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CNN tonight (Dec 7)-"Is Global Warming Real?"
Tonight at 8:00pm est on CNN, they are airing "Is Global Warming Real?" according to their website. A show hosted by Campbell Brown. Never seen it but I'll be sure to see how "balanced" this one is. (Anyone want to take bets?)
It will be part of the media propaganda effort in support of the cop out hagen climate orgasm festival that is well supported by free hookers.
It is our attitude toward free thought and free expression that will determine our fate. There must be no limit on the range of temperate discussion, no limits on thought. No subject must be taboo. No censor must preside at our assemblies.

–William O. Douglas, U.S. Supreme Court Justice, 1952
Just watched a few minutes of "The Situation Room" with Wolf Blitzer and they were pretty fair about it. Both sides got a good representation...and the skeptical side got to speak last. (Unusual)

Fox was talking about it at the same time while talking about Barbara Boxer and the people who are planning to run against her.

I was impressed with the coverage.
Well, it could have been worse. Much more fair than I would have expected.

Steve Mcintyre and Chris Horner were there for the skeptics and Michael Oppenheimer was there for the believers. Michael Mann also was on in the beginning to defend himself but left before the others appeared. Phil Jones wasn't on (they said they couldn't find him) and it was hinted that he has been "ill" due to this scandal. I got the feeling we were supposed to have sympathy for him. Rajendra Pachauri was given time in a taped interview to explain why Climategate means nothing and how impossible it is for this scandal to be true.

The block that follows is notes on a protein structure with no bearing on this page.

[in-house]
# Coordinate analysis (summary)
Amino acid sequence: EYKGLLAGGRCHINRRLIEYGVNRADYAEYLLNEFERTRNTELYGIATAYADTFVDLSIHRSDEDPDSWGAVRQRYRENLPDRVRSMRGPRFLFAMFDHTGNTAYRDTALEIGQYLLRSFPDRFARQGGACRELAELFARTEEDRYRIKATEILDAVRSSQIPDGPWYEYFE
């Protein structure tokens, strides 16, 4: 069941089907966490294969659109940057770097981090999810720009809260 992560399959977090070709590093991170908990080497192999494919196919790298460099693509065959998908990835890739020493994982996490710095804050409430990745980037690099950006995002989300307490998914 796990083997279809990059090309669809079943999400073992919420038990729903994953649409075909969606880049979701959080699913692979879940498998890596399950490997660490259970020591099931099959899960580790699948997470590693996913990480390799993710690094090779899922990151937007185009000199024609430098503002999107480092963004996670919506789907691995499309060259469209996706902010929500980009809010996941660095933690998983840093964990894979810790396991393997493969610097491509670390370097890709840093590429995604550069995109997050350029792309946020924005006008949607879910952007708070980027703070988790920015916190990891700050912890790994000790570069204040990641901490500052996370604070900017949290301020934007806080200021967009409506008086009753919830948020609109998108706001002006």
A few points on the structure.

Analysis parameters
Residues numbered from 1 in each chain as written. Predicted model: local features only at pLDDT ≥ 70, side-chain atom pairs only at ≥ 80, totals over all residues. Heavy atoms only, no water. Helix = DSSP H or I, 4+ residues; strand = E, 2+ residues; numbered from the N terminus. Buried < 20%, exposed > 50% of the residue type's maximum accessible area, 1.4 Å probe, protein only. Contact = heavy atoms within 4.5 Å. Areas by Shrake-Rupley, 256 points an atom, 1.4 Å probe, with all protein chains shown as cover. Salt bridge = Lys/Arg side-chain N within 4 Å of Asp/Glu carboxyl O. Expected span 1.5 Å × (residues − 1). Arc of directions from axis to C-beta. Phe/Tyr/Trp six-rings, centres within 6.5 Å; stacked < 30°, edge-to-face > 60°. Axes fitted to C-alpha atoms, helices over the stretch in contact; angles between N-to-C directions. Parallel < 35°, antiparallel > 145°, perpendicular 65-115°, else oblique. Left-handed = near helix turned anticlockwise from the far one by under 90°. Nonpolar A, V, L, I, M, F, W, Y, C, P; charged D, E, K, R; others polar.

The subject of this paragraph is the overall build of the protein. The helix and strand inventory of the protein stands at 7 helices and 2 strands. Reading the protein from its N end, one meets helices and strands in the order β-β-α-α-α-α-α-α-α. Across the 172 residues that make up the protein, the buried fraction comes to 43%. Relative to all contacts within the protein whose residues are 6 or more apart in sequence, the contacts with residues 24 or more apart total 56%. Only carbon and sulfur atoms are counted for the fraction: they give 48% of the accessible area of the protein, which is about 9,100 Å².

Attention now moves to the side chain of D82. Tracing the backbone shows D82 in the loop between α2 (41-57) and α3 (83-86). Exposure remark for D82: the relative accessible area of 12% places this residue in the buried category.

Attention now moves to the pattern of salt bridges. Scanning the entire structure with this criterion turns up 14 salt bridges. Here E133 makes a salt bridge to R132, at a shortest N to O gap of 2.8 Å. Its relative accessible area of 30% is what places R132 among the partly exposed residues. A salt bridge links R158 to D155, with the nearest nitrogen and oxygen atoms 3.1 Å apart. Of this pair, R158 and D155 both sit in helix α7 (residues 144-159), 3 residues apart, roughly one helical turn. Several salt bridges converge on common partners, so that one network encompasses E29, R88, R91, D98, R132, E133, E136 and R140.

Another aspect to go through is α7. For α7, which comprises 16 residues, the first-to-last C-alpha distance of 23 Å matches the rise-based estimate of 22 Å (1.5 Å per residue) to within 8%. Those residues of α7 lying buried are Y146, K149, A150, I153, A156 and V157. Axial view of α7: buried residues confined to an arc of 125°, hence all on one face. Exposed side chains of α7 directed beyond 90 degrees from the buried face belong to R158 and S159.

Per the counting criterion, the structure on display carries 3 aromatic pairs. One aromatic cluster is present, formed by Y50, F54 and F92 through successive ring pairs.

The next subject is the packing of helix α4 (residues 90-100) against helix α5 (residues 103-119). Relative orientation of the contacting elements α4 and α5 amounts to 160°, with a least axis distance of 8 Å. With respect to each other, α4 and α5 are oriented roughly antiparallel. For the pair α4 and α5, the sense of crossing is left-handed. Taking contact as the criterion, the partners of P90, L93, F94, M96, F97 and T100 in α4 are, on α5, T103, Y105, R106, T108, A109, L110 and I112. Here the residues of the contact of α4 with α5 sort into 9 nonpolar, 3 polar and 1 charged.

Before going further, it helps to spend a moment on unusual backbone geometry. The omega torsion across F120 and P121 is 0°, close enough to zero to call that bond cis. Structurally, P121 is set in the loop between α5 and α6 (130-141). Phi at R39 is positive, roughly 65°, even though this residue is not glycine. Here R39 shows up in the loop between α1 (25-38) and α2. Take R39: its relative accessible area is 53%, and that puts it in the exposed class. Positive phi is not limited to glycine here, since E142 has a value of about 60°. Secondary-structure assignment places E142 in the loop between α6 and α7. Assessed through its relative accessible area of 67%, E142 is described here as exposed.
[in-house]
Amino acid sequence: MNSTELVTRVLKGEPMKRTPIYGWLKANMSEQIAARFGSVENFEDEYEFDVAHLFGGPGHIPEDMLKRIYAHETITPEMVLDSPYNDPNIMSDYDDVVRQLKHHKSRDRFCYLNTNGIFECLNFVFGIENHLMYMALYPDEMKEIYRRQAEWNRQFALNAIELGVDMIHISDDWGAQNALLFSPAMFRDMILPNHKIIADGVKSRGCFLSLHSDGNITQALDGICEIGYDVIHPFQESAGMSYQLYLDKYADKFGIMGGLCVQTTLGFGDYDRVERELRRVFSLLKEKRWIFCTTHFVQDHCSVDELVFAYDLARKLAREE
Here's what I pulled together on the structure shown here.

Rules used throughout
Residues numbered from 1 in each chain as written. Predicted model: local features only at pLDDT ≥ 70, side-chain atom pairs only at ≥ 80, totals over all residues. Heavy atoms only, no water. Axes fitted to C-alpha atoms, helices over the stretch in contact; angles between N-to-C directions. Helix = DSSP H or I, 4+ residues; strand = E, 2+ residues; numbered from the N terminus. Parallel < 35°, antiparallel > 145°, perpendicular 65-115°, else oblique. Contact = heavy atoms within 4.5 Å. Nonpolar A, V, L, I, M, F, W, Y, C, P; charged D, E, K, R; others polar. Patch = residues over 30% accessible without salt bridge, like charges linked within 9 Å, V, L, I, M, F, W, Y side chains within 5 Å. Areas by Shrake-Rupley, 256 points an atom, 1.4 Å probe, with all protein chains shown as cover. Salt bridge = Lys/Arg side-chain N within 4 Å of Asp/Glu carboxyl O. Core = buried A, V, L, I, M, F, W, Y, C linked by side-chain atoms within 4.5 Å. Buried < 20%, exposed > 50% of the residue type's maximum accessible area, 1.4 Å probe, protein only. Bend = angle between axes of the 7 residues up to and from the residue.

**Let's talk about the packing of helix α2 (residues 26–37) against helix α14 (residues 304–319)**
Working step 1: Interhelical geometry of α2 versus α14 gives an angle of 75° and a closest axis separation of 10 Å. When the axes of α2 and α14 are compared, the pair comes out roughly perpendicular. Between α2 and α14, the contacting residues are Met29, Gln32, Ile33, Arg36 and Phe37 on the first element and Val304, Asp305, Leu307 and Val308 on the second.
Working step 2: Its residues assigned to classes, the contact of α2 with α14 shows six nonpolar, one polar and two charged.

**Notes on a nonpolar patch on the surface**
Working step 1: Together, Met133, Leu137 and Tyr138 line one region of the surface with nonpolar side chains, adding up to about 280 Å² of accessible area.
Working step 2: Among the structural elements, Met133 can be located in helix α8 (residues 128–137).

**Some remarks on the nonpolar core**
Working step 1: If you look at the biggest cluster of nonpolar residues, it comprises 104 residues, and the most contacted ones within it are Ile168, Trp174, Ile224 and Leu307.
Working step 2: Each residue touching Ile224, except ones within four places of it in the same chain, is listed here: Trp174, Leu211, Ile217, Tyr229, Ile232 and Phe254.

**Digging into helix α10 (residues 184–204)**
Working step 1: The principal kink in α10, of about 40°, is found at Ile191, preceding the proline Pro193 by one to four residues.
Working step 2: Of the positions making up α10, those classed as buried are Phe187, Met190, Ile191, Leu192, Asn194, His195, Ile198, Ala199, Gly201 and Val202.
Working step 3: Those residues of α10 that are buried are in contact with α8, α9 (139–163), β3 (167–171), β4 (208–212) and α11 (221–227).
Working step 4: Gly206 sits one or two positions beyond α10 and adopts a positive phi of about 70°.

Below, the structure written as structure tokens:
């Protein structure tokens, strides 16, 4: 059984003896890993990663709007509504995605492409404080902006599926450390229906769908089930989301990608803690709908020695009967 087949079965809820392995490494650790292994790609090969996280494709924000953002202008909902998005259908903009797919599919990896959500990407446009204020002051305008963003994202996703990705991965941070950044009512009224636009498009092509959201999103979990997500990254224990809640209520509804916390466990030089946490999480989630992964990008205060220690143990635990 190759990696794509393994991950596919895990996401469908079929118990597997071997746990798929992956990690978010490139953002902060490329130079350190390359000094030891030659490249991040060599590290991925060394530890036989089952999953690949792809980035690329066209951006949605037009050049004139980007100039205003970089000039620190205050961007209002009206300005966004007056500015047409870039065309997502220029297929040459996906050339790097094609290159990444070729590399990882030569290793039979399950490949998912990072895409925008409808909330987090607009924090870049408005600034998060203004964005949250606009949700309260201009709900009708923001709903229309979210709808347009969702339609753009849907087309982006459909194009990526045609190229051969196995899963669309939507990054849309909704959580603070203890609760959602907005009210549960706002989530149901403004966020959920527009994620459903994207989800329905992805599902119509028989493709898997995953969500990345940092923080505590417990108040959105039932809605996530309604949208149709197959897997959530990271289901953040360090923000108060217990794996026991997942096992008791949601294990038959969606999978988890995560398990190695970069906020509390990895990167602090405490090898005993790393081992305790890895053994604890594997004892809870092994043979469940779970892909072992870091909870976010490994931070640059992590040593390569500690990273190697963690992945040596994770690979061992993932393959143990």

Michael Oppenheimer was allowed to get away with saying that CO2 remains in the atmosphere for 1000 years or more. Exclamation But he was throwing so much misinformation out there that Steve was hard pressed to address it all. Mcintyre speaks slowly and time is the thing on TV. That limited the points he was allowed to make. Chris Horner speaks better but didn't make any specific points on the science.

Toward the end it seemed the bias was creeping in. (Naturally you wait for the end to do that) The host asked what the possible motivation could be for this deception and then refused to accept it when told by Horner. ("Scientists are human...they are also motivated by greed and politics") She just acted like he never answered and maintained the same attitude of "I can't believe this could actually happen".

Then some reporter in Copenhagen claimed that the scandal was a big deal in the morning but had faded away by the evening. She predicted with confidence that it would be a non-factor from this point on. Doesn't sound like "reporting" to me...that was a bunch of opinions.